The currency has dropped about 18 per cent against the dollar and 12 per cent against the Brexit vote
Sterling has endured a veritable tumble since the UK voted to quit the EU in June. But and it is nowhere near done yet, according to Deutsche Bank.
In an interview with Bloomberg, George Saravelos, the German lender’s global co-head of foreign exchange, said the pound could fall as low as low as $1.05 against the dollar, or another 16 per cent as the “incredibly complicated” nature of Brexit becomes ever more clear.
“The UK is one market where we have stronger views in terms of where currencies are going,” Mr Sarvelos said.
Speaking about the upcoming Brexit negotiations, he added: “Even though intentions are quite positive on both sides, we’re very concerned about the lack of time to complete a deal in two years, and we worry that negotiations will get stuck around this issue of the payment which the UK has to make to leave the EU, and things will stall quite quickly,” he added.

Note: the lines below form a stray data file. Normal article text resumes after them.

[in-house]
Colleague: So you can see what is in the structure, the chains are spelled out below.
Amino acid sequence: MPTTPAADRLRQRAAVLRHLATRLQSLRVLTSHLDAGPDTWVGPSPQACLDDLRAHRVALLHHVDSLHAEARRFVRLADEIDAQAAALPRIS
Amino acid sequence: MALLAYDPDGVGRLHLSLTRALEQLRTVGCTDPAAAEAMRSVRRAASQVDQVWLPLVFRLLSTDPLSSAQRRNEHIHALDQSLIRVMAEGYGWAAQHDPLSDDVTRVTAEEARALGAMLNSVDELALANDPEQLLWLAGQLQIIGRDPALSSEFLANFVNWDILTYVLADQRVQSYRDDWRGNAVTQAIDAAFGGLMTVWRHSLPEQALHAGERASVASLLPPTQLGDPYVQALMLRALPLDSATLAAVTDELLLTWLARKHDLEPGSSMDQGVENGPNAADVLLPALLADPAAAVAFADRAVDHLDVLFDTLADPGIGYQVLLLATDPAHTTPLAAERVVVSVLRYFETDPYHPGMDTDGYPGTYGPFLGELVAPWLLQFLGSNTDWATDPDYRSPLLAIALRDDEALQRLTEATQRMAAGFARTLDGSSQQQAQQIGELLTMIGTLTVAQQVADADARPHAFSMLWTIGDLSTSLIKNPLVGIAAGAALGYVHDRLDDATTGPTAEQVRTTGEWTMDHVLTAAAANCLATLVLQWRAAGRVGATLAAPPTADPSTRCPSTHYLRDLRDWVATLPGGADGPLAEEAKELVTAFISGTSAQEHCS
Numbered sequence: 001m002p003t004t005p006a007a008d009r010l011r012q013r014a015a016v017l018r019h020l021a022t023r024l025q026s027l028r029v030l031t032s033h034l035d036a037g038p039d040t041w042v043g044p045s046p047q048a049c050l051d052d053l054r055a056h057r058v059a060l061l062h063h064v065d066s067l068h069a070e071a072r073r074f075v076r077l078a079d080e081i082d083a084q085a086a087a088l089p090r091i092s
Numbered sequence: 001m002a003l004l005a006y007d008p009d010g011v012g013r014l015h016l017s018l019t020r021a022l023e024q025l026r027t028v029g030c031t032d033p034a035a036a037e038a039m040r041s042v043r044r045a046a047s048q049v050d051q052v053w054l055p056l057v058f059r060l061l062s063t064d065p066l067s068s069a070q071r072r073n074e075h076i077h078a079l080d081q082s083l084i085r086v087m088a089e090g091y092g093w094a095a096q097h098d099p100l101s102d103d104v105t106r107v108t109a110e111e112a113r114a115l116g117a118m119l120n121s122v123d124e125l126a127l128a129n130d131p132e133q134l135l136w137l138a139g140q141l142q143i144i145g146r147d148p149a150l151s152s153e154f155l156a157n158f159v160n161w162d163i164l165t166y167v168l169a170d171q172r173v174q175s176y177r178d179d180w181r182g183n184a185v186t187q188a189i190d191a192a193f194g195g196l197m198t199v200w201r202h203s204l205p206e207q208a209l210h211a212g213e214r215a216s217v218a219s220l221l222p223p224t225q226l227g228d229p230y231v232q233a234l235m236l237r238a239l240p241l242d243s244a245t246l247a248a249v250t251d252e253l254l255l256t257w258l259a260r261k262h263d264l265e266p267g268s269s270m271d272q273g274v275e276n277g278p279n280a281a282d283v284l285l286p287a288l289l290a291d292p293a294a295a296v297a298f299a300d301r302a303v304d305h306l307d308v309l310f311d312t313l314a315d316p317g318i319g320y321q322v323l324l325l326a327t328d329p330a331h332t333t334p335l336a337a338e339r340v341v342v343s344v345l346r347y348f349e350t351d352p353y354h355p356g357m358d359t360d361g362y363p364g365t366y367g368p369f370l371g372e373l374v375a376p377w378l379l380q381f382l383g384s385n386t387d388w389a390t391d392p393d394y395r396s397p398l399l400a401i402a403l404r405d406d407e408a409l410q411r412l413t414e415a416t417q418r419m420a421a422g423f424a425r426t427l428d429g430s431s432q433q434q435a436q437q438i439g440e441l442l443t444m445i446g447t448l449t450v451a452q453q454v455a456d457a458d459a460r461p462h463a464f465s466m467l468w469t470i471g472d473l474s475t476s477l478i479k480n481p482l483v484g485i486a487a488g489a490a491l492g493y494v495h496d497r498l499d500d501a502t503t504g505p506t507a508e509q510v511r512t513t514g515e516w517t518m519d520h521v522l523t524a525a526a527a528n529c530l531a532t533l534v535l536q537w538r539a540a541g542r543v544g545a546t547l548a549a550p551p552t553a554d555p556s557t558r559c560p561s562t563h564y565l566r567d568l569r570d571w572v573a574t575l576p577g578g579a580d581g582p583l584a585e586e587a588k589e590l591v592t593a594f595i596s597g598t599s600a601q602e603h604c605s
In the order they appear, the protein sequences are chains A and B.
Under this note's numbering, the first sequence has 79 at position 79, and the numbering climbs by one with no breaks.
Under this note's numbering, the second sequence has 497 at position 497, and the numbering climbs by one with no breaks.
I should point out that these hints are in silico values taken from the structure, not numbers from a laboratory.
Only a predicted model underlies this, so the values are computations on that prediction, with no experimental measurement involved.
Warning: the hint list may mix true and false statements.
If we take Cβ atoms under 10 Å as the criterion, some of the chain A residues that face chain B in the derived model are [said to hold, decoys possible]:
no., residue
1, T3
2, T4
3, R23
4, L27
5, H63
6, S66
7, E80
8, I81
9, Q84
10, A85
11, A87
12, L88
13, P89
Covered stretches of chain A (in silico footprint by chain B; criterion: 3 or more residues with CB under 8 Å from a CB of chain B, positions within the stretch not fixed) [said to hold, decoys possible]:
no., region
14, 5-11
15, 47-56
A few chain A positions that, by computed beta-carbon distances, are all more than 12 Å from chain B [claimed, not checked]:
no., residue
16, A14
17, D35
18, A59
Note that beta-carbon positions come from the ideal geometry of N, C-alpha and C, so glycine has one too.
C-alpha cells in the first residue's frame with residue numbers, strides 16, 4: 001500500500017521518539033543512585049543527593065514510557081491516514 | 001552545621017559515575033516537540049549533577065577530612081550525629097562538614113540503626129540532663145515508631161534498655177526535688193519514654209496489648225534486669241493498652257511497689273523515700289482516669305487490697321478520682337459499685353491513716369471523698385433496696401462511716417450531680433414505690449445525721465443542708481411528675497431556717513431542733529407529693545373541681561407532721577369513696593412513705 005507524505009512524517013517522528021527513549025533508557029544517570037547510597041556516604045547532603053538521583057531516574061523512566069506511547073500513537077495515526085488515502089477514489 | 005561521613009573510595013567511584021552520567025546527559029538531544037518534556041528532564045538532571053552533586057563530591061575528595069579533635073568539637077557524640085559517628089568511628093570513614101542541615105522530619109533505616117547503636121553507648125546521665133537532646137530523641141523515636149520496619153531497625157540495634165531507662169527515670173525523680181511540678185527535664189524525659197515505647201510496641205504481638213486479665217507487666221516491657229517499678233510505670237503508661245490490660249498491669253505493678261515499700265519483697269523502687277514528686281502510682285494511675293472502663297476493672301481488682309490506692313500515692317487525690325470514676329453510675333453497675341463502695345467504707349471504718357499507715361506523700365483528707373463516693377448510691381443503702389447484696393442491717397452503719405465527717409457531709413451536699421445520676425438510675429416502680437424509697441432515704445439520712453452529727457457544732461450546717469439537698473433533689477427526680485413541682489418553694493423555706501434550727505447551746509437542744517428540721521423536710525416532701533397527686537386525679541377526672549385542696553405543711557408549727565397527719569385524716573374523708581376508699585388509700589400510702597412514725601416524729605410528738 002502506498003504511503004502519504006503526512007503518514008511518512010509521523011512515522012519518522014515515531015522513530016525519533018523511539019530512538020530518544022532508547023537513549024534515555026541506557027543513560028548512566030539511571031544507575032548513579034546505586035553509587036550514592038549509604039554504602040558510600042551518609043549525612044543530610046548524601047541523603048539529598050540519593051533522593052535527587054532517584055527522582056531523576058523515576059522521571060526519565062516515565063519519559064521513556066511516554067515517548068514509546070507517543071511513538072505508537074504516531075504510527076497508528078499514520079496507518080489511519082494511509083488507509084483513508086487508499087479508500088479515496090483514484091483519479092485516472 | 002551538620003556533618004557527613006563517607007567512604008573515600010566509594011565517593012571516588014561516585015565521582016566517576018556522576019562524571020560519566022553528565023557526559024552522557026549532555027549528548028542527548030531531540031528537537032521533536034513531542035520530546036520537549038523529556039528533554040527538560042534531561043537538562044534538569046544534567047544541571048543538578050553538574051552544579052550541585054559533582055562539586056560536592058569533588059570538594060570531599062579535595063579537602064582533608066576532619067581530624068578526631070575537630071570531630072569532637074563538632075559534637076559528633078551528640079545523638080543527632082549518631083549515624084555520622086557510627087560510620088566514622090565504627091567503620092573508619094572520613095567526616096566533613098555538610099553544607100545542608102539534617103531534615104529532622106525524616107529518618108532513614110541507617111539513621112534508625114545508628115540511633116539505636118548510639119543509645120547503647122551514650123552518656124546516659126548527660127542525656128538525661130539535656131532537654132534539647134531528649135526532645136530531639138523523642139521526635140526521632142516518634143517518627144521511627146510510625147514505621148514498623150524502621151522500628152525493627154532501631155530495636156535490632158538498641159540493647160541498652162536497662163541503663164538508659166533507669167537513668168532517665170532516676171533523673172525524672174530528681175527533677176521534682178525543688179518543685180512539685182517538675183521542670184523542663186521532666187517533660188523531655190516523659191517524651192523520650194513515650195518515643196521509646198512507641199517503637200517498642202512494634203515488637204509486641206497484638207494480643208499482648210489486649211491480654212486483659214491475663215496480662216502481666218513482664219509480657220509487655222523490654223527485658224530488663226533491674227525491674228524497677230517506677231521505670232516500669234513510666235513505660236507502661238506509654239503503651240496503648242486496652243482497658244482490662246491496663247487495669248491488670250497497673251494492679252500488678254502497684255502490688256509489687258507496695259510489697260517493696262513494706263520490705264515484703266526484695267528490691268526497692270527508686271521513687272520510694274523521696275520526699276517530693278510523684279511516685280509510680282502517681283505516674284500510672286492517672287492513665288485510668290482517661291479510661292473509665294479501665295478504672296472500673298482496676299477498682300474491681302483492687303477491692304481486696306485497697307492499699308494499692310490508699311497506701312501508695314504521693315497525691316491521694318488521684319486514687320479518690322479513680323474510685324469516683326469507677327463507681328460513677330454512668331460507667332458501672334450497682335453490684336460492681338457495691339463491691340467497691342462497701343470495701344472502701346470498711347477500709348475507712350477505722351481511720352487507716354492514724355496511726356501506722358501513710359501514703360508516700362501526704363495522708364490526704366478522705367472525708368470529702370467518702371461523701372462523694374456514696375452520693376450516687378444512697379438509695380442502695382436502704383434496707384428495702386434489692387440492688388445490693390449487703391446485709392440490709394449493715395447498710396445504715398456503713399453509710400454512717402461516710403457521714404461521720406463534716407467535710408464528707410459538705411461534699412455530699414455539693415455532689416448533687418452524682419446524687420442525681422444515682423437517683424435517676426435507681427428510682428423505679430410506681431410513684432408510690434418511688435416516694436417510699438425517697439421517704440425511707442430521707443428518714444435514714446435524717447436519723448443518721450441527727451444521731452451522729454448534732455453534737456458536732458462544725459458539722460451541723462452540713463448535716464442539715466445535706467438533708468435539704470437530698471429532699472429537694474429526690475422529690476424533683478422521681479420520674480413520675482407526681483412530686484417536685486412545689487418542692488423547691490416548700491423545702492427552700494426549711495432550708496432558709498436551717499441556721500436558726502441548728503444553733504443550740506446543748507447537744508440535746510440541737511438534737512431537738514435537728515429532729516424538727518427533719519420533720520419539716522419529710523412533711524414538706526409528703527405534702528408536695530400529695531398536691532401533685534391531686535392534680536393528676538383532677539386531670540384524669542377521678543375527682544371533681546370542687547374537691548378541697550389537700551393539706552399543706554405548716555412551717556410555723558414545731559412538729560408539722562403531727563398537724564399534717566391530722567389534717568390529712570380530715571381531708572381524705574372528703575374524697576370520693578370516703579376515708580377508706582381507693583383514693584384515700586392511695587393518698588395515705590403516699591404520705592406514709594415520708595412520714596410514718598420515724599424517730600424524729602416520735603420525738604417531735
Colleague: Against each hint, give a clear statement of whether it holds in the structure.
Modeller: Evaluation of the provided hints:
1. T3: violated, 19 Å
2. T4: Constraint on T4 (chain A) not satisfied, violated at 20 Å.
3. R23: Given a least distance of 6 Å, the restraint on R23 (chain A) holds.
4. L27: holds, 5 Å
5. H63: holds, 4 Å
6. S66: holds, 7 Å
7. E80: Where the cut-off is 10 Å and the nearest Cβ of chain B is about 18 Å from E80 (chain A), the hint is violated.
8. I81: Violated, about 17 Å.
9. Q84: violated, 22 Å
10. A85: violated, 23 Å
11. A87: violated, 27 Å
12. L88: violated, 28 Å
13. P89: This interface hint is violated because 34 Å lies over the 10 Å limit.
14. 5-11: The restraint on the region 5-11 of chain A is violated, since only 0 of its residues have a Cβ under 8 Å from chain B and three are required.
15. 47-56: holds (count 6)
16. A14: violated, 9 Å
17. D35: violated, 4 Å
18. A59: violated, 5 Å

Mr Sarvelos said Deutsche is expecting sterling to drop “below $1.10, down to $1.08 or $1.05”.
The pound edged lower on Tuesday after the Office of National Statistics reported inflation rose to its highest level in nearly three years in January.
It was still trading below $1.25 at the time of the UK stock market close.
The currency has dropped about 18 per cent against the dollar and 12 per cent against the euro since the vote.
Although Mr Saravelos’ forecast might sound bold, he’s not alone in thinking that the sterling slump is not over just yet.
The pound is likely to drop around 5 per cent to $1.15 against the dollar after Ms May triggers Article 50, according to a Reuters poll of more than 60 foreign exchange strategists.
Some forecasters say the pound may reach, or even fall below, parity with the dollar.